We all know that colorless white diamonds are among the most desirable, but have you asked yourself “Why?” Let’s see what the real reason is behind the high value of colorless diamonds and find out if there are other types of diamonds that are prized just as highly.
What “Colorless” Means in the Context of Diamonds
In diamond quality grading, colorless diamonds are those stones that do not have visible yellowish tints.
According to the grading scale of the G.I.A. (Gemological Institute of America), such diamonds are put in the Colorless grading range and are assigned a letter grade of D (the highest), E or F.
The next best grading range is called Near Colorless.
Diamonds classified here are assigned a grade of G, H, I or J.
These stones also don’t show any signs of color when looked at in isolation, although they may appear slightly darker if put next to a Colorless diamond.
Diamonds whose color is graded with a letter grade from K down to Z have some yellowish tints, which vary in intensity from faint to light. These stones are not considered colorless.
Why Colorless Diamonds Are More Valuable Than Yellowish Ones
While there may be a lot of arguments supporting the high prices of colorless diamonds, such as how pure they look or how magnificent they are, the main reason for their high value is simple: rarity.
Colorless diamonds are so sought after and expensive because they are very hard to find.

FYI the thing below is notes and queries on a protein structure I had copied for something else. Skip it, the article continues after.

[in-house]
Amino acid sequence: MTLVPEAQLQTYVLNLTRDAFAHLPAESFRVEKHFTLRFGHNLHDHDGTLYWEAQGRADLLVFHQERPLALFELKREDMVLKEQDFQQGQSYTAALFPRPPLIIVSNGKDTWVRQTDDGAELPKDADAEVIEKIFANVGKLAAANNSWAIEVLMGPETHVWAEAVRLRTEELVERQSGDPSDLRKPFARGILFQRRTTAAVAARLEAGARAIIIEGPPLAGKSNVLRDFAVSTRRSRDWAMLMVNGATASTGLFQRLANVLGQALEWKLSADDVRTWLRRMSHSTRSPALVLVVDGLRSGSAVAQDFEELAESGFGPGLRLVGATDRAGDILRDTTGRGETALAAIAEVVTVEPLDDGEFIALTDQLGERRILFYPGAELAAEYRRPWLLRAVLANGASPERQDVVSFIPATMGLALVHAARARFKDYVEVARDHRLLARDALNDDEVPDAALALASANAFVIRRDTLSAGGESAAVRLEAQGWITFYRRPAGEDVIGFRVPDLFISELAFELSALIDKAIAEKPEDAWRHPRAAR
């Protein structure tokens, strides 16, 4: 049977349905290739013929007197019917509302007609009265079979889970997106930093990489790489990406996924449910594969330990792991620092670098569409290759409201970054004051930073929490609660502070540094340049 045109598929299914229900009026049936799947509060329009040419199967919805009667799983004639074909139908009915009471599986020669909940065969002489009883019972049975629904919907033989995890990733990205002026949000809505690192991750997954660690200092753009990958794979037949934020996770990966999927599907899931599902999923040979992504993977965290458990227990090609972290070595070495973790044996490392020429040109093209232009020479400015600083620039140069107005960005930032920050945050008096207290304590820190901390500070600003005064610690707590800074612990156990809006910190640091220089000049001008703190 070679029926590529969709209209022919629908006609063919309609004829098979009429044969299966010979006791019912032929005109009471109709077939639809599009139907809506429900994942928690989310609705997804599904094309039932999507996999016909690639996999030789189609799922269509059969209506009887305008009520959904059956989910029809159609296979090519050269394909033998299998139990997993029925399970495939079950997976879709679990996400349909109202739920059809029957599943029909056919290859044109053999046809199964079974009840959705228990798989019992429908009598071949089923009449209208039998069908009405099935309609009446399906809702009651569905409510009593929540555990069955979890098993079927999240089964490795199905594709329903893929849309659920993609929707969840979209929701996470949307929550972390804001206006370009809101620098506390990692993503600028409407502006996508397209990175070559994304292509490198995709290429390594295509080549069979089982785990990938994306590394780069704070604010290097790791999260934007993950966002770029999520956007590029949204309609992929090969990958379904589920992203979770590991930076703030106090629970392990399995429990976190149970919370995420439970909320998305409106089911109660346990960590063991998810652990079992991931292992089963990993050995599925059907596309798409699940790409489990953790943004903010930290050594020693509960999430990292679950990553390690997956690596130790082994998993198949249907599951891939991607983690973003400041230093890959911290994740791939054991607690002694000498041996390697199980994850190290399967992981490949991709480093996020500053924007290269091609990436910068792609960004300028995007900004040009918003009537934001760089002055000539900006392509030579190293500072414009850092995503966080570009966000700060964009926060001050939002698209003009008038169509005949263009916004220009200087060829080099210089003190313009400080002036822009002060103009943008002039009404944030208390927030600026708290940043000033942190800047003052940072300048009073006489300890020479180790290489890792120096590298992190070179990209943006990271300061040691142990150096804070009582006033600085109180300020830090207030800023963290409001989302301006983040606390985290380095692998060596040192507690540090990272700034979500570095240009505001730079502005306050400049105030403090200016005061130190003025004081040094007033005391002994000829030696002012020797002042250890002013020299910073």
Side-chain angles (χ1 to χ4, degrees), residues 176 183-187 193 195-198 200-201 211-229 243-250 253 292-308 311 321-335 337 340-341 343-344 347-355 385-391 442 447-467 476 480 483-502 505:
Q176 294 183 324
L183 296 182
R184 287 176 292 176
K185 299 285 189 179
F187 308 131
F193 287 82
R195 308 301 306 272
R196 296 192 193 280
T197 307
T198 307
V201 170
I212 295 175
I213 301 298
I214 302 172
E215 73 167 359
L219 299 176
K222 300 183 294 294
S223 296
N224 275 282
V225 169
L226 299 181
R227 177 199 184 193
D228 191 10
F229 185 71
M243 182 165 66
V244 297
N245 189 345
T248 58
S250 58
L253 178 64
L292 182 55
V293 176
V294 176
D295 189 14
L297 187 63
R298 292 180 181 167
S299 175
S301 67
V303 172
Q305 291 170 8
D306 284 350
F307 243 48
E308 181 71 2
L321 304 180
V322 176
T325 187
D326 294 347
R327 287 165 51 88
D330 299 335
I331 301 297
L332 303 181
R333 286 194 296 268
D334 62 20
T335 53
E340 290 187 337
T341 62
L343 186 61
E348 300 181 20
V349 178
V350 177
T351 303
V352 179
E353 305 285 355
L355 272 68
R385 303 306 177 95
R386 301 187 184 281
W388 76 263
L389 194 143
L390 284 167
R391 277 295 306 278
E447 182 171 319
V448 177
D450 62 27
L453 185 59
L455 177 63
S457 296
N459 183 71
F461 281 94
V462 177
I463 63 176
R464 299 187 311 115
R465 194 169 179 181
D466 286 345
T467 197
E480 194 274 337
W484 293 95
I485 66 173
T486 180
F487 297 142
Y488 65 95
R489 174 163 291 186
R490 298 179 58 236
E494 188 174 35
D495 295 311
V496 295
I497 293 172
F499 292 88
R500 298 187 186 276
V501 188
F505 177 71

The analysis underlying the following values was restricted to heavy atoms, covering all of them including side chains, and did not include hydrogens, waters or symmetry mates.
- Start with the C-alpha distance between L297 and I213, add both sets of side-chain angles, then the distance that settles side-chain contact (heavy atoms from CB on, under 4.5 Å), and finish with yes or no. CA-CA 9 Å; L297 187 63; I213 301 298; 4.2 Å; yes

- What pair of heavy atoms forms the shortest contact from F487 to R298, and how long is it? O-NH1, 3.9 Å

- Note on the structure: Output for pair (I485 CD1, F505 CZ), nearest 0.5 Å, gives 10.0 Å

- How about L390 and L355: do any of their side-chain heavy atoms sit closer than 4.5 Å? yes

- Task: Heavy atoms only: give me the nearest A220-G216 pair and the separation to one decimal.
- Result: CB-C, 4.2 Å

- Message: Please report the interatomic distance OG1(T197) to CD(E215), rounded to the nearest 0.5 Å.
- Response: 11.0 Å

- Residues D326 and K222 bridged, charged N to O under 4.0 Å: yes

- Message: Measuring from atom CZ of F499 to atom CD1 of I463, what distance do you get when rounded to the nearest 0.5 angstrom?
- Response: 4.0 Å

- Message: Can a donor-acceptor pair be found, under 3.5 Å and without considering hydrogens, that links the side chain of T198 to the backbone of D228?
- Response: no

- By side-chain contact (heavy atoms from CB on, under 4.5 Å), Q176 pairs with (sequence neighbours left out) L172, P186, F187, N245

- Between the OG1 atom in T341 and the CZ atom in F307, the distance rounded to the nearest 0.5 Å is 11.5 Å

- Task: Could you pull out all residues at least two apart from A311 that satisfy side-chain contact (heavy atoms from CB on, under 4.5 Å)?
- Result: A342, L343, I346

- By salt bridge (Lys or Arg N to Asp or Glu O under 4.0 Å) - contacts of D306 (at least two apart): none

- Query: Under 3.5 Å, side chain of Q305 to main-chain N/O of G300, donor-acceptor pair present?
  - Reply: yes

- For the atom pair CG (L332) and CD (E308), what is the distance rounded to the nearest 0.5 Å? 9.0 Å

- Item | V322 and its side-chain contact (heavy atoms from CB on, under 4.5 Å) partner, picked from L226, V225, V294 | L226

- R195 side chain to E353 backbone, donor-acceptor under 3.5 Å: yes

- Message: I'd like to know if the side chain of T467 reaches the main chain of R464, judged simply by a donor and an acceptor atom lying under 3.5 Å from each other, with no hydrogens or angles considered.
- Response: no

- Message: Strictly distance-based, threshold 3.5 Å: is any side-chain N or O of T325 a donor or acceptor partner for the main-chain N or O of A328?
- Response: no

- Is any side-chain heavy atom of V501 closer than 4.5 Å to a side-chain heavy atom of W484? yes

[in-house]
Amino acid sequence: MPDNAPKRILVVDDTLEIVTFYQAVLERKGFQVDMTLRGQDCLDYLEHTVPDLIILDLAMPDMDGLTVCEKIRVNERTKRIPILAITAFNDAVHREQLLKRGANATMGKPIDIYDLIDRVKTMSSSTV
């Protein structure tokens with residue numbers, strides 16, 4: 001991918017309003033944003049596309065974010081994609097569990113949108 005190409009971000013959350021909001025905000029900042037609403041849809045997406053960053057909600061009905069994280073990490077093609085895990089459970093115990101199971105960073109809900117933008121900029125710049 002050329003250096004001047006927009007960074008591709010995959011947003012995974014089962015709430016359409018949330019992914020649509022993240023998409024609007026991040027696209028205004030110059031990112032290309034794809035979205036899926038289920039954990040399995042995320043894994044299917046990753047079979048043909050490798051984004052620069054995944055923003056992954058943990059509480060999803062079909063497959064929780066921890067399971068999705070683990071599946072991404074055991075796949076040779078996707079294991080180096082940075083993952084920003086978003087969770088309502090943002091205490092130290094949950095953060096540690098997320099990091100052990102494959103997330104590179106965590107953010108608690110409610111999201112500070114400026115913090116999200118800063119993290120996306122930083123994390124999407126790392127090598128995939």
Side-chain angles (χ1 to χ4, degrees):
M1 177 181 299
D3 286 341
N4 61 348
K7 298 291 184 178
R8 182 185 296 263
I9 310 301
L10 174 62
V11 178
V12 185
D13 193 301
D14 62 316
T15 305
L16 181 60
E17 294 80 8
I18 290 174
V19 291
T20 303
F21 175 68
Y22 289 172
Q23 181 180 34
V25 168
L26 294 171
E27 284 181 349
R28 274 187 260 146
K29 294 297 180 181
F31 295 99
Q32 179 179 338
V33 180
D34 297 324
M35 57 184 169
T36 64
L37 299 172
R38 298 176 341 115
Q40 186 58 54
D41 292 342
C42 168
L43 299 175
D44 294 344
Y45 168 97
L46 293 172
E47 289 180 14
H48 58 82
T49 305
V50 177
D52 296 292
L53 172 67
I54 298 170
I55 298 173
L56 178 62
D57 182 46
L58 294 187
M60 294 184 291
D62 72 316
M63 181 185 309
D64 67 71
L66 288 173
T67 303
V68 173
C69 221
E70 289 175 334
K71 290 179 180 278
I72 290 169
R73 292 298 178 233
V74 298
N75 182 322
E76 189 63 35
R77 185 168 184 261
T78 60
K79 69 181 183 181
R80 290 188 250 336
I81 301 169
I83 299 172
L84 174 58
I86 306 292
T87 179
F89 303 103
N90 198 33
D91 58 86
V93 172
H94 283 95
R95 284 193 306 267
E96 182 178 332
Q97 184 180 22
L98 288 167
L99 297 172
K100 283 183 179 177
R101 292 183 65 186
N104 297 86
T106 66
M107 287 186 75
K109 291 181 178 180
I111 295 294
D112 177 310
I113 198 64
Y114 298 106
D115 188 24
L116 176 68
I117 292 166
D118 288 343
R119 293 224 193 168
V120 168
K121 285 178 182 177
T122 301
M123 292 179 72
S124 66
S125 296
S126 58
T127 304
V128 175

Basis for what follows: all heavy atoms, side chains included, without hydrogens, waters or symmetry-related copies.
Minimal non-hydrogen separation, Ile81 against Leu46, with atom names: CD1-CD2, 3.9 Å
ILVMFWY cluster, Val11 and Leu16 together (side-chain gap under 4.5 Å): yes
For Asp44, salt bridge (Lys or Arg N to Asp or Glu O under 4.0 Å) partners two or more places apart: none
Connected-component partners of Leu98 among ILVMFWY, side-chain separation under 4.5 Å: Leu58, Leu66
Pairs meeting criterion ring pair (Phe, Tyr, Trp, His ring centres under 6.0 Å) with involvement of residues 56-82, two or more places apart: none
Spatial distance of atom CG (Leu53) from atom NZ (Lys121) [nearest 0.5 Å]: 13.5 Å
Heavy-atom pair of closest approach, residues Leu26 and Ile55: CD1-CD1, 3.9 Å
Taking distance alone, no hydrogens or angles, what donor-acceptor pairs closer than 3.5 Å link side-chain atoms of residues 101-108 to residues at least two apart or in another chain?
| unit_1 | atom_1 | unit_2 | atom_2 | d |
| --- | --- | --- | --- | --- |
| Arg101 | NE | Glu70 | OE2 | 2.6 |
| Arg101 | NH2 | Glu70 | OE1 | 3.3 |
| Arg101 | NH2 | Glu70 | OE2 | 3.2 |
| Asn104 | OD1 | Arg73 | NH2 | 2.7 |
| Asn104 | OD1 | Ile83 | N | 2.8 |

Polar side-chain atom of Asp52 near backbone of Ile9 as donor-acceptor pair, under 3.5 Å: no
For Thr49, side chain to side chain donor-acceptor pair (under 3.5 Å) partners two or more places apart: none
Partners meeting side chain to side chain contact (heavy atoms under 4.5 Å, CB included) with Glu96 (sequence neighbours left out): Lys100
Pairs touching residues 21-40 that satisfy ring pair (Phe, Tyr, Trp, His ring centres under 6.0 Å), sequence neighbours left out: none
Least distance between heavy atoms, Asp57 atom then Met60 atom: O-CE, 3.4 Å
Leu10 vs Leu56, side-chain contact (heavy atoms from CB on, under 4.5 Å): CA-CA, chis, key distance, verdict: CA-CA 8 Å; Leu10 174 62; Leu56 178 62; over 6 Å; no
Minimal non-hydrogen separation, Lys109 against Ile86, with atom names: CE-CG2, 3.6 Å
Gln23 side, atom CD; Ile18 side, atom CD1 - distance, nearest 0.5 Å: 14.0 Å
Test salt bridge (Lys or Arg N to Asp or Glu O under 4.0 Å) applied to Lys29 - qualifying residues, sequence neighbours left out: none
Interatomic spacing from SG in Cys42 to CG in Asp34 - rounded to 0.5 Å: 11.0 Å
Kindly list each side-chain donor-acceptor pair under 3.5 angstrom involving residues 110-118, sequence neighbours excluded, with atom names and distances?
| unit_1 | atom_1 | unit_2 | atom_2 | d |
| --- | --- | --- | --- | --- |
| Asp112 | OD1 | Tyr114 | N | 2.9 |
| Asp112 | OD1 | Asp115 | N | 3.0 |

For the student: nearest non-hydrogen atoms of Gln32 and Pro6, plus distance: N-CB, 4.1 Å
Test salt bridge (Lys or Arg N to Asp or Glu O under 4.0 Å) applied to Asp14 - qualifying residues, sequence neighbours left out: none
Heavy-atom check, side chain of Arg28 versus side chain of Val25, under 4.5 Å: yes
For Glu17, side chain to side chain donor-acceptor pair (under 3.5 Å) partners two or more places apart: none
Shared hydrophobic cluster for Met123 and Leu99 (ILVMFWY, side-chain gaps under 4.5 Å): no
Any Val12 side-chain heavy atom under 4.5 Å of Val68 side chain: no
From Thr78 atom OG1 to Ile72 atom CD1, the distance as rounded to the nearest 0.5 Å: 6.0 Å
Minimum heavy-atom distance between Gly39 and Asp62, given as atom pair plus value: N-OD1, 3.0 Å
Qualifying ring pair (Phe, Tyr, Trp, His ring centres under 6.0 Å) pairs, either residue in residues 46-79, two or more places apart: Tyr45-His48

In fact, most diamonds found in nature are not colorless but yellowish and brownish, and this is why stones with such tints are relatively cheap.
But if the roles were reversed and the yellowish diamonds were extremely rare while the white ones were abundant, the former would be very expensive while the latter would be quite cheap.
Are Colorless Diamonds Always More Valuable Than Other Diamonds?
Although they are rare, colorless diamonds are not always more valuable than tinted diamonds. And the best way to see that rarity is what makes a certain color (or its absence) valuable is to take a look at the prices of fancy-colored diamonds.
For example, red and blue diamonds are among the rarest, and that’s why they can cost much more than a colorless diamond.
While white diamonds with yellow tints may be discounted in value, fancy-colored yellow diamonds with an intense hue are not treated like low-quality stones, and they can be just as expensive as colorless diamonds.
In general, naturally colored diamonds with rare hues and a saturated color command pretty high prices exactly because such stones are not available in abundance.
Should You Always Choose Colorless Diamonds?
If you are looking for a white diamond, you don’t necessarily need to pay a lot of money to get a stone in the top color grade. Round diamonds with a color graded G, H, I or J look pretty much as colorless as stones graded D, E or F.
The only time you would be able to see a difference between a D-color and a G-color stone, for example, is when they are put next to each other.
However, once a diamond is set individually, the only thing that matters is how its color compares to that of the setting.
For a yellow gold setting, you can even pick a diamond with slight yellowish tints, as they will be indistinguishable from the color of the gold.
Such a stone will actually look white in yellow gold because of the contrast between the color of the setting and the much brighter hue of the diamond.
This is why you can buy a stone graded as low as K, L or M, and it will still look relatively colorless when set in yellow gold.